MLP Alumnus Donates to Library!
Michael Fenter, a local certified public accountant (CPA) and former M.L. Phillips Elementary student, has donated money to the school’s library fund. Mr. Fenter wanted the donation to benefit the entire school’s population. The money will be used to purchase signage for library shelves and books about good character traits.
Mr. Fenter also donated two copies of the book, Overcoming Dyslexia, by Sally Shaywitz, M.D., who is co-director of the Yale Center for Dyslexia and Creativity. As a child, Mr. Fenter was diagnosed with dyslexia. He enjoyed learning but struggled to read and spell at grade level. The dyslexia diagnosis allowed the school to provide Mr. Fenter with the intervention and help he needed to become successful.
In Overcoming Dyslexia, Dr. Shaywitz explains, “people with dyslexia have trouble matching the letters they see on the page with the sounds those letters and combinations of letters make.” Dyslexia is common, affecting 20 percent of the population. Scientific research has shown there are specific differences in brain connectivity between children with dyslexia and those who read typically, which provided a neurological basis for why reading and spelling fluently is a struggle for those with dyslexia.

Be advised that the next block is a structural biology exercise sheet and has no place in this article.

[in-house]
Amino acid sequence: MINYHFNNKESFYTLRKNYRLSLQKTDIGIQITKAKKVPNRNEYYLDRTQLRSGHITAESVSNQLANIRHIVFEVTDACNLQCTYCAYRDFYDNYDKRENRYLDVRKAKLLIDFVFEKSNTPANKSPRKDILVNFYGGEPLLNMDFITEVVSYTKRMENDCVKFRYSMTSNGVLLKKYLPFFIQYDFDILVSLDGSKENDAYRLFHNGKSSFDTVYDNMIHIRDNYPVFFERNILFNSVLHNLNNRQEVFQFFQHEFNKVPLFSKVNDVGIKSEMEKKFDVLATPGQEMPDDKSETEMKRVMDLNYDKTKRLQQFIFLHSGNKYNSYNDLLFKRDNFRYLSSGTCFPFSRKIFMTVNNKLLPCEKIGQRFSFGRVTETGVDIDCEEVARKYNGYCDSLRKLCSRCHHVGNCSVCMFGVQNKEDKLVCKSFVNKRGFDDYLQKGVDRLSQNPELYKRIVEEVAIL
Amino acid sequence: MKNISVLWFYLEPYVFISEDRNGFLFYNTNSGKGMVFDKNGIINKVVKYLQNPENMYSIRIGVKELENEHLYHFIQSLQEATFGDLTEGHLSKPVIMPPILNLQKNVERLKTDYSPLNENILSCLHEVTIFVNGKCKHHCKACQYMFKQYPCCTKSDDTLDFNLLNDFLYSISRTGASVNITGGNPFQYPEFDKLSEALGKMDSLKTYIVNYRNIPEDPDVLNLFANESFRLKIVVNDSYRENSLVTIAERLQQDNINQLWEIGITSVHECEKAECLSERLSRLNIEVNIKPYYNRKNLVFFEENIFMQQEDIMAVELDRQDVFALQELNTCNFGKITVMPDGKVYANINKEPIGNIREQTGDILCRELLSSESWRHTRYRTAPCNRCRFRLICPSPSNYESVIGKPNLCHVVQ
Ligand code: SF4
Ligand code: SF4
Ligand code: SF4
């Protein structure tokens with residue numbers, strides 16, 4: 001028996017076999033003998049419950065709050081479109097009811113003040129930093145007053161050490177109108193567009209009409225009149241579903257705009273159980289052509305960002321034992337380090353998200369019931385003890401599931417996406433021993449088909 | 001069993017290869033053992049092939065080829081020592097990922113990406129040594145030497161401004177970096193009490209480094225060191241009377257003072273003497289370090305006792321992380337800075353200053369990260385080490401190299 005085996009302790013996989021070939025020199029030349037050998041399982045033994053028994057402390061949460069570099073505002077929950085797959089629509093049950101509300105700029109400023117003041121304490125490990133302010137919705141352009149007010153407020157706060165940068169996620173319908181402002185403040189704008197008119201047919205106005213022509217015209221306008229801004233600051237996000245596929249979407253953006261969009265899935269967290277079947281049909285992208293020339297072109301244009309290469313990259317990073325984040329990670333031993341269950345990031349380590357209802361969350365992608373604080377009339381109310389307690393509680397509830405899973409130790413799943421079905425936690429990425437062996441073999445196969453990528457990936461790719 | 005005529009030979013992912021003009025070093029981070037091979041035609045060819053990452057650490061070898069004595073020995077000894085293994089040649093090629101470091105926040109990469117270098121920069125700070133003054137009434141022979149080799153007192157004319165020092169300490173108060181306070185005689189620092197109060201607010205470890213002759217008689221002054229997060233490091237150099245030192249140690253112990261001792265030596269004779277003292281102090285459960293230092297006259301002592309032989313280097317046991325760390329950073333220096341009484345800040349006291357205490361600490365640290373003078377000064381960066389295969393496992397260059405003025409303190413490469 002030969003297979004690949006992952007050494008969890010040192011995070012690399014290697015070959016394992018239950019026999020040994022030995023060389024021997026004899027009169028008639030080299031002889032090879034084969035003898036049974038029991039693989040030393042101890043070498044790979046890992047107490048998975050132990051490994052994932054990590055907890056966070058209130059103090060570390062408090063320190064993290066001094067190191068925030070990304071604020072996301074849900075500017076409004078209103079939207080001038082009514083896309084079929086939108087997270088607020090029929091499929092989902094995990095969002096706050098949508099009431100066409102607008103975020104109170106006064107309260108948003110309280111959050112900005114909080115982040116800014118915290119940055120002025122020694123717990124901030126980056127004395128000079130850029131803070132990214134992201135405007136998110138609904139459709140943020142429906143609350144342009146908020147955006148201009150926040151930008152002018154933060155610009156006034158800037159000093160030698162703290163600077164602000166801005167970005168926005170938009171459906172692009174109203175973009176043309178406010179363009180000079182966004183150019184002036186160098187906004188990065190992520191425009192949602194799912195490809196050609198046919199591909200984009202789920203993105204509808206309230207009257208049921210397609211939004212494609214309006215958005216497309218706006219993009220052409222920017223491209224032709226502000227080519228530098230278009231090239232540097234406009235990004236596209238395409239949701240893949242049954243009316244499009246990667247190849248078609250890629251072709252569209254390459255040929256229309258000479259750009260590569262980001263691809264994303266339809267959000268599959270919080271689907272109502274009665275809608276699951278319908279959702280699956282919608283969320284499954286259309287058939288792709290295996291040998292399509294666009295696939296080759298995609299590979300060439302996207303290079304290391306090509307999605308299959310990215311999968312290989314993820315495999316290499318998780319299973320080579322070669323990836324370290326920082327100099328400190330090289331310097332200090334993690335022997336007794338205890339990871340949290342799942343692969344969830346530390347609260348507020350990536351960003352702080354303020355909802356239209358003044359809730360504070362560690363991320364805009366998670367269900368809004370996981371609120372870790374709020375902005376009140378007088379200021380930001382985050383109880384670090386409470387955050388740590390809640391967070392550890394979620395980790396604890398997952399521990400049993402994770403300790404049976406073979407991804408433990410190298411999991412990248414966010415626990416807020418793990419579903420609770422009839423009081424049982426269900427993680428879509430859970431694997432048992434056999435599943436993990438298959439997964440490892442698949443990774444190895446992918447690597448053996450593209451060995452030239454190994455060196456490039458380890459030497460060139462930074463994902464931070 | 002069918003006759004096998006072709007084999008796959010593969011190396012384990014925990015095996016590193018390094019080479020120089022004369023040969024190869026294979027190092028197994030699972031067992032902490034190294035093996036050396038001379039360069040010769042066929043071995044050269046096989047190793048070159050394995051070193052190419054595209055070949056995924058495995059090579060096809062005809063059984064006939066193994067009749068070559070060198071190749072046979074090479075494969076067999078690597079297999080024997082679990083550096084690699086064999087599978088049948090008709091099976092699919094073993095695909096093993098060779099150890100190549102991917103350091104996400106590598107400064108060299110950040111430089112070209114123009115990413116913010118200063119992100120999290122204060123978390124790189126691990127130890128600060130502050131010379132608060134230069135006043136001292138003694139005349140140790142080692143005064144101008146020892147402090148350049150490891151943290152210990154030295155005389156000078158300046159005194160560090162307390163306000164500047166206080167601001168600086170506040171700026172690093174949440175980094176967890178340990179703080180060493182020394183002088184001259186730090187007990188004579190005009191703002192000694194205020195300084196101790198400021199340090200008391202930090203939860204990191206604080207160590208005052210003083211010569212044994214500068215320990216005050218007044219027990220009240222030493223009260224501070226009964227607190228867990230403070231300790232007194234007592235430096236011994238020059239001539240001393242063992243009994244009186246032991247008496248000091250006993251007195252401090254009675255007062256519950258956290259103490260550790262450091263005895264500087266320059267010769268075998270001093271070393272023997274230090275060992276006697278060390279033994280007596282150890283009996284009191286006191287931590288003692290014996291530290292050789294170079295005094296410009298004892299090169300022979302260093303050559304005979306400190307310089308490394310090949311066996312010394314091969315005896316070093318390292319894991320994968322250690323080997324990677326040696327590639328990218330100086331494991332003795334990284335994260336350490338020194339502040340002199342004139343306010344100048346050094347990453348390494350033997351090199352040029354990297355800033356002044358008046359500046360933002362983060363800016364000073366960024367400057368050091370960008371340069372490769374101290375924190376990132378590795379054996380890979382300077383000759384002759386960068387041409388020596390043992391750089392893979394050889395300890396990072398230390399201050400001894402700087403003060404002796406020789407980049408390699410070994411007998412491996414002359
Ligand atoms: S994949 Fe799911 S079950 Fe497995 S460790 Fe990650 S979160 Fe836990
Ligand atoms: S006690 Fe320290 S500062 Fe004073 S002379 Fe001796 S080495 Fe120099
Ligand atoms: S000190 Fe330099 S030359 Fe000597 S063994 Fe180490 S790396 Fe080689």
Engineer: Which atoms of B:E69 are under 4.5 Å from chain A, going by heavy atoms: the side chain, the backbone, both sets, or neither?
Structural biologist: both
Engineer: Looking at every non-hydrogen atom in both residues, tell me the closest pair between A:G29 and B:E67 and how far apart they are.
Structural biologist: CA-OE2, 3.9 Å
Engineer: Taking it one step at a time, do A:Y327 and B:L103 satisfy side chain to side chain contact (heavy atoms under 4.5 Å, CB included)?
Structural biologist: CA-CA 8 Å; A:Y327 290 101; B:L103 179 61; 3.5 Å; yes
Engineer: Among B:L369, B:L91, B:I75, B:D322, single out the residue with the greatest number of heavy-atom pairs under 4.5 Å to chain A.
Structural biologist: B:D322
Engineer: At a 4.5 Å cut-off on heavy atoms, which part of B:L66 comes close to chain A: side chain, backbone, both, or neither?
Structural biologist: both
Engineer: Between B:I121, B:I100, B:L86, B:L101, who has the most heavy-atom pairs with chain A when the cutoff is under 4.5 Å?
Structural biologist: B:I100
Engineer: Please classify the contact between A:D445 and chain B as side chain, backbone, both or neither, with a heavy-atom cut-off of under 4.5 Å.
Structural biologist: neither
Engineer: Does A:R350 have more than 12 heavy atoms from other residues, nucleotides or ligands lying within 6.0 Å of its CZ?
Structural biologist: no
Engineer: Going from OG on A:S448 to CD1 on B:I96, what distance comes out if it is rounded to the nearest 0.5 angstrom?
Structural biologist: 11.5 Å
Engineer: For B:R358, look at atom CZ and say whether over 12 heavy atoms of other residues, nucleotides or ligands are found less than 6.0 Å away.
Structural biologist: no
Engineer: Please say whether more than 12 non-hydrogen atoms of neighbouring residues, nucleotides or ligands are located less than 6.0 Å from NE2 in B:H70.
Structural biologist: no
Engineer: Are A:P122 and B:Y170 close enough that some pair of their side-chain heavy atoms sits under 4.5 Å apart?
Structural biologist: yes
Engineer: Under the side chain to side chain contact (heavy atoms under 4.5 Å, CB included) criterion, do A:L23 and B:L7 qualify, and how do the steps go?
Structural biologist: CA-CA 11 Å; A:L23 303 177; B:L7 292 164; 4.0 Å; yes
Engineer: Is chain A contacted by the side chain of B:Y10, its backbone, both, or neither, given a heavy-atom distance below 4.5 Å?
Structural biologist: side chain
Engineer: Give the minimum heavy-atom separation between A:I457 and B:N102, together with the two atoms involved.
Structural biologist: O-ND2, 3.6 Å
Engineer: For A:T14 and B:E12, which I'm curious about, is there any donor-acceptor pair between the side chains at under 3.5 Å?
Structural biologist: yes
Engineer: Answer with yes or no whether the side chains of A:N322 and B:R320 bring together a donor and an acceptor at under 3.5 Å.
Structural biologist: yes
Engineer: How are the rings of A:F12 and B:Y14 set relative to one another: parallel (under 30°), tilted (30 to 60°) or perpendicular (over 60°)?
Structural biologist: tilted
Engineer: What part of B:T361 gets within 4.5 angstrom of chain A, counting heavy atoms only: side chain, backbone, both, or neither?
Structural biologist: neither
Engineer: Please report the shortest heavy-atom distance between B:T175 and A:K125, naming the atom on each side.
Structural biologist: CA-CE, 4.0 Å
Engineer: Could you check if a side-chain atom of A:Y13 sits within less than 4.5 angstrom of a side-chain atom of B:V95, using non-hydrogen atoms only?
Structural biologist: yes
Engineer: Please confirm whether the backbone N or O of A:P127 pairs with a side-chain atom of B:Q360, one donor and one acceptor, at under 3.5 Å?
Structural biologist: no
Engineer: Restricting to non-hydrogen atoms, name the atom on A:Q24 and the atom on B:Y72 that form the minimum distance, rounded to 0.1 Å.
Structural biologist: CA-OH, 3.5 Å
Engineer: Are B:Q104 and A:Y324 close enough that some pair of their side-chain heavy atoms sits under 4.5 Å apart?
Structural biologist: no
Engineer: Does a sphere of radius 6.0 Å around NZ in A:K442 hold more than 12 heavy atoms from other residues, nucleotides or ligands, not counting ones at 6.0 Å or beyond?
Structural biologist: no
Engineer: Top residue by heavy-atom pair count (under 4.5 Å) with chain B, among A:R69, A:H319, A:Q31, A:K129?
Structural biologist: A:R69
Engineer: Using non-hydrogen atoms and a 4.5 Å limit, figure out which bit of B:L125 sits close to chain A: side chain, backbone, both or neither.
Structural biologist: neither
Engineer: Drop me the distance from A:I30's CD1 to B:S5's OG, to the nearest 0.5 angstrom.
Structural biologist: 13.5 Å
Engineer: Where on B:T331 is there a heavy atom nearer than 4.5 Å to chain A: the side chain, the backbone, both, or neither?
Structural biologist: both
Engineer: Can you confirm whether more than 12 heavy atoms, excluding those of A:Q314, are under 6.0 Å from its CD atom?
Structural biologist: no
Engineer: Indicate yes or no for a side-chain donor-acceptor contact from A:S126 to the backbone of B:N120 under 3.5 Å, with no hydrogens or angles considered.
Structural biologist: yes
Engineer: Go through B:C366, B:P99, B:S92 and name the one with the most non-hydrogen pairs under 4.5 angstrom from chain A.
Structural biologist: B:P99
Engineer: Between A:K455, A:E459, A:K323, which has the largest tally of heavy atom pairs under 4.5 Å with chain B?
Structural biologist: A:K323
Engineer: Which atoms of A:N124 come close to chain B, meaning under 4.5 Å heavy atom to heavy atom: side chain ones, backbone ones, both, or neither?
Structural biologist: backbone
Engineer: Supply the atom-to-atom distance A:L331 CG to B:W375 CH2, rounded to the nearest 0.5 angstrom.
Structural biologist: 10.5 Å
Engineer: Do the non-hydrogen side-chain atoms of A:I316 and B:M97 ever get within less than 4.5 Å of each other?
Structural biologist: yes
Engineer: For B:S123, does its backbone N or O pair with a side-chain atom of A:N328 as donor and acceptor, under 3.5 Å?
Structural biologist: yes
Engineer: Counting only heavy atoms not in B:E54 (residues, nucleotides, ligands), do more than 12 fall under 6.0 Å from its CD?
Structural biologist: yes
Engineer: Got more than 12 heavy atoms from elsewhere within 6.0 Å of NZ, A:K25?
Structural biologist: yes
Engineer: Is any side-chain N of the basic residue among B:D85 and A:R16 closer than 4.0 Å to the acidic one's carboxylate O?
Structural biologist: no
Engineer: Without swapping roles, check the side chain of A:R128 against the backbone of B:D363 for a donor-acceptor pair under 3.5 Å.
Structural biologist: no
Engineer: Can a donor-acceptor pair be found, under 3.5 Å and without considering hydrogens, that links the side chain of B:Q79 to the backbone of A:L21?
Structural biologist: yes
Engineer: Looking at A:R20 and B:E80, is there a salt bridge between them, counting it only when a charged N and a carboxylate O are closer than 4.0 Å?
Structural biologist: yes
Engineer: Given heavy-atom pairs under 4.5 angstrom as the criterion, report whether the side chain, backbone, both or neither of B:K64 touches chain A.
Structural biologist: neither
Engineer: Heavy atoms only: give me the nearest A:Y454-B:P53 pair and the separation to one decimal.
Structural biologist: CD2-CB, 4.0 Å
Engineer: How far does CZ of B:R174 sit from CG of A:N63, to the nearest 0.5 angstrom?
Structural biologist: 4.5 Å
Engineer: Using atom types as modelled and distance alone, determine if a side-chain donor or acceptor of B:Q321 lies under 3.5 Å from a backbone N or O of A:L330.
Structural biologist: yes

Dr. Shaywitz also dispelled some of the myths about dyslexia in her book, including:
* Dyslexia cannot be cured, but with the necessary support and understanding, dyslexic students can be become good students, and highly successful adults.
* While children with dyslexia may struggle to read and spell, this has no connection to intelligence. People with dyslexia read slower than other people, however they also excel as creative thinkers, problem solvers, and have outstanding reasoning and logic.
* People with dyslexia are not lazy or undisciplined. In fact, they work much harder to read and spell compared to other non-dyslexic students.
Mr. Fenter said, “Being dyslexic taught me resiliency. I had many failures in school, especially with spelling. I learned to keep trying, to keep pressing, to persevere and overcome. The experience of trying very hard and still failing benefited me as an adult. The path to becoming a CPA is quite challenging. As a CPA candidate taking the test, I saw many of my peers give up on the goal of passing the exam. They weren’t accustomed to failure. Trying hard and failing was nothing new to me. Dyslexia taught me grit, and that real failure only happens when you give up.”
Mr. Fenter said that he made the donations to give back to his elementary school, and to bring attention to dyslexia and the hardships that dyslexic students face in an academic setting. He wanted to provide a tangible reminder that dyslexic students can achieve great success even though many dyslexics are not successful in school.